by David Gane, DDS, BSc (Hons)
Many dentists today are taking a serious look at digital photography. At least one industry poll indicates that large numbers of dentists are planning to purchase a digital camera for their practice in the very near future. This growing trend toward digital imaging makes solid fiscal sense. Effective patient communication is fundamental to the success of the modern dental practice, and digital photography is a highly effective communications tool. It can assist dentists in building stronger relationships with patients and cultivating greater case acceptance, since an educated patient is more likely to accept treatment recommendations.
Today's high-resolution digital cameras are also affordable. Dentists can expect high-quality images at a reasonable price, and the cost of storage media is lower than ever. Moreover, after the initial purchase of the equipment, the return on investment is relatively swift, because digital cameras are inexpensive to operate.
With such clear benefits, it's no wonder dentists are eager to learn more about how to use digital photography in their practices. This learning curve has three stages:
- Using the equipment. Generally, the user manual, video tutorials, and manufacturer's customer support services will help with this step.
- Learning which views to shoot and establishing a routine and protocol for capturing them. In most cases, dentists are encouraged to capture a standardized series of views, which includes full face and profile, smile and retracted views of the dentition, and associated anatomy. Maxillary and mandibular occlusal views are also highly desirable. Most practices will assign this task to an assistant or hygienist to incorporate the digital photography session into the office's routine for new-patient appointments or a subsequent records appointment.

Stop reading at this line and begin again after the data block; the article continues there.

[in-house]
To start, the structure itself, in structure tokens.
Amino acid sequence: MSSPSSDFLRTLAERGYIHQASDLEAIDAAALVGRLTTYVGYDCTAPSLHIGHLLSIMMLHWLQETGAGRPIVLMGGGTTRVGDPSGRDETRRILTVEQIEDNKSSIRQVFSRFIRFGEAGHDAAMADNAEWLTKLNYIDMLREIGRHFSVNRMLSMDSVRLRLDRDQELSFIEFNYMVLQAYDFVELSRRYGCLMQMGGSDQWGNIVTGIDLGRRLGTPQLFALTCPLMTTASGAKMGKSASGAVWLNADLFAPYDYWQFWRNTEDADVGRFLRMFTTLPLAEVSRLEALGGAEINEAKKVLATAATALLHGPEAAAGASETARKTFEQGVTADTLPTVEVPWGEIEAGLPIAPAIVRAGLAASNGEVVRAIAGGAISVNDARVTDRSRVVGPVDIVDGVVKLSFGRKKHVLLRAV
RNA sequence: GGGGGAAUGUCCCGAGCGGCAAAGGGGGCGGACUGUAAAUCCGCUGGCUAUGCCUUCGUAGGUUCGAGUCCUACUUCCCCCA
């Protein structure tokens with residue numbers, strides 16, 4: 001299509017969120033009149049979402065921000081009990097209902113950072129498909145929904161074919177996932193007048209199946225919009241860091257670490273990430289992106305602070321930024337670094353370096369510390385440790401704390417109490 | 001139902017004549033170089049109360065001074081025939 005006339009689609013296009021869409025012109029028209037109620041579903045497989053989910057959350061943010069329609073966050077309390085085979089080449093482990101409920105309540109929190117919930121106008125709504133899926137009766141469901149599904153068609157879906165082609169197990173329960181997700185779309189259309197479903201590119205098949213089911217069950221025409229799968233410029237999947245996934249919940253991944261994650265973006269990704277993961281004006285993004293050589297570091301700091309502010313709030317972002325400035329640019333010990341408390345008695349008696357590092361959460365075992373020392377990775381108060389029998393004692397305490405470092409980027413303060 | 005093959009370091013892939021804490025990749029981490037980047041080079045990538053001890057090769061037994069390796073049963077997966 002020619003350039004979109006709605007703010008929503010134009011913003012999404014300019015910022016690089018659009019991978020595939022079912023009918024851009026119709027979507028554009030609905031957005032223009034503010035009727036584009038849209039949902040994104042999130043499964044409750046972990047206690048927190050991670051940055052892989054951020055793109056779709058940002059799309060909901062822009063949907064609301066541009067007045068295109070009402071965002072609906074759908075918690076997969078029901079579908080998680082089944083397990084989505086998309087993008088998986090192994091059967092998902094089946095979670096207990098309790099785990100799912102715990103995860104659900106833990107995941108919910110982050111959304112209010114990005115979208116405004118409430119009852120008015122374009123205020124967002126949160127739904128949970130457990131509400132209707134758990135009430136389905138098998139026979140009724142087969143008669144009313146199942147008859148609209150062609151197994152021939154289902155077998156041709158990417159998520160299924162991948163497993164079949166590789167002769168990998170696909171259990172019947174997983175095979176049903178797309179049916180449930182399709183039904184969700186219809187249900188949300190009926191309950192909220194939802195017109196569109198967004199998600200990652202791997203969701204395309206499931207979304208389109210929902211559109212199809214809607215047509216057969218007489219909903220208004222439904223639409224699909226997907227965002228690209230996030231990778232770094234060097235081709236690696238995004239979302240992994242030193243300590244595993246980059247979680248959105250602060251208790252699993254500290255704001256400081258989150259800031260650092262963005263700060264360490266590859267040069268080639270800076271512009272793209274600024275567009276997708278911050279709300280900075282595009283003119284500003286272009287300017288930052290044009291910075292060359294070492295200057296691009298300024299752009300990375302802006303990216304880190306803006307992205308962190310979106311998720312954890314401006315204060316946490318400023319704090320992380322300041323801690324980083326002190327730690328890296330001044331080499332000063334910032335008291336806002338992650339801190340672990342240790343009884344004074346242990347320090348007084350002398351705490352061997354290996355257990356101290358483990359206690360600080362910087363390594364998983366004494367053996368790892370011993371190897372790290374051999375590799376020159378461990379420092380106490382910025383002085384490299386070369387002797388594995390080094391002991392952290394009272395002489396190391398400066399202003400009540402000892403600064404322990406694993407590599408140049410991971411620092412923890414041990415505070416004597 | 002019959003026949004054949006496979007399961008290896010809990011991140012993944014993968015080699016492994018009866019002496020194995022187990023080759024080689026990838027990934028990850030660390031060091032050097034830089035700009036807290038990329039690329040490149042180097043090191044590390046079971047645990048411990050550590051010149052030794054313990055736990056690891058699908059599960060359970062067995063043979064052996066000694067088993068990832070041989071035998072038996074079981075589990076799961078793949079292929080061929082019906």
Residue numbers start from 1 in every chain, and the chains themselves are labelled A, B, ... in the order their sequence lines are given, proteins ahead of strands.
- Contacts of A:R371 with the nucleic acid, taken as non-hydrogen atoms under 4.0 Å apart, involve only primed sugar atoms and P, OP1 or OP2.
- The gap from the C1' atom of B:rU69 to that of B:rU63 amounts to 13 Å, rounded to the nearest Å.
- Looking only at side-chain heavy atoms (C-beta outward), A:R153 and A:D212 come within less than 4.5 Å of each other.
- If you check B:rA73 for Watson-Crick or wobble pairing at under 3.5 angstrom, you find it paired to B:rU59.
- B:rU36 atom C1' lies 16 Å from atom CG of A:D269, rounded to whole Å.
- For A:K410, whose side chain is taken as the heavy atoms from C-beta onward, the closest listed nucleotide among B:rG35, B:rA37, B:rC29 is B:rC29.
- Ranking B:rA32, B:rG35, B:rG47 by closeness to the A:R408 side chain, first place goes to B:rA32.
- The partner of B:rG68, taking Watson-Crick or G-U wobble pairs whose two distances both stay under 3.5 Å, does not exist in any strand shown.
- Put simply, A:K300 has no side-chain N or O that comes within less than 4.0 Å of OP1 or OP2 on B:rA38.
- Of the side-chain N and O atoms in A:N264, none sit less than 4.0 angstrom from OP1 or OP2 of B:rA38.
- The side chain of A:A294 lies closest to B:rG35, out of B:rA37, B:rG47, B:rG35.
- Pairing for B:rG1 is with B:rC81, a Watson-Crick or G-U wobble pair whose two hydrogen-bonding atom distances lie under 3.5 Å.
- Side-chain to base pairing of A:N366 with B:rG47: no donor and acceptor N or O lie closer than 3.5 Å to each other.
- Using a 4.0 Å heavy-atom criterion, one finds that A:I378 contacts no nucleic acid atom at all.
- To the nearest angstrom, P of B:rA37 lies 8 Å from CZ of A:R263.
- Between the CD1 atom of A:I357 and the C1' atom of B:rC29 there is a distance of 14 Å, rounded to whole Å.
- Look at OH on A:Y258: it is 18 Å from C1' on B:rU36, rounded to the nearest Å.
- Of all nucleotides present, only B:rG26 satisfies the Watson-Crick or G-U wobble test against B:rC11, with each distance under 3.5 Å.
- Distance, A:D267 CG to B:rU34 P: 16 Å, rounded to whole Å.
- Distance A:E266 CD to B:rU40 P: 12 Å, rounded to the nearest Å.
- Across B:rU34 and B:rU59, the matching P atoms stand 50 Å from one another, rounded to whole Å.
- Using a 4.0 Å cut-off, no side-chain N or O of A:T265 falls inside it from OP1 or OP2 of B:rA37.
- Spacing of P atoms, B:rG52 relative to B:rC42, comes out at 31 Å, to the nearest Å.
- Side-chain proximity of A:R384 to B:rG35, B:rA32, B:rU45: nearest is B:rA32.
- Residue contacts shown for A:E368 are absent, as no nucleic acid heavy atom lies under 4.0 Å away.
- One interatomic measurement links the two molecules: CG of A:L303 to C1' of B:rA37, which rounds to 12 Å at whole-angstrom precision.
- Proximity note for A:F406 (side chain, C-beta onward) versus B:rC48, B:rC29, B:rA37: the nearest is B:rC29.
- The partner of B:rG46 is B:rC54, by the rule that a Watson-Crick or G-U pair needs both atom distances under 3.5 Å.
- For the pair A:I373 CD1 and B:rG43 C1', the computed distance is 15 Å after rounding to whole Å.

- Using the pictures. This is when the practice harvests the material benefits of digital photography. In fact, once a dental practice has incorporated digital photography routinely into its patient processing, images can play a fundamental role in virtually every aspect of patient care, from diagnosis and treatment planning through case presentation, to insurance, specialist referrals, and laboratory communication.
Virtually all dentists are aware of the power of co-diagnosis. When a patient and a dentist learn together what the treatment needs are, the patient is far more likely to accept the recommendations of the dentist. Traditionally, co-diagnosis is accomplished in real time with a hand-held patient mirror. But because digital photography lets dentists generate images immediately, it effectively supports a similar function in today's dental practice. During an initial visit, display images of a patient's teeth on a computer screen. The patient can discover, in striking color, the need for any restorative or aesthetic treatments.
This application is particularly useful in regard to aesthetics, which is often a matter of personal taste and individual preference. By viewing photographs with the patient, the dentist can gather valuable information about possible aesthetic treatments as well as the patient's desires and expectations of such a treatment.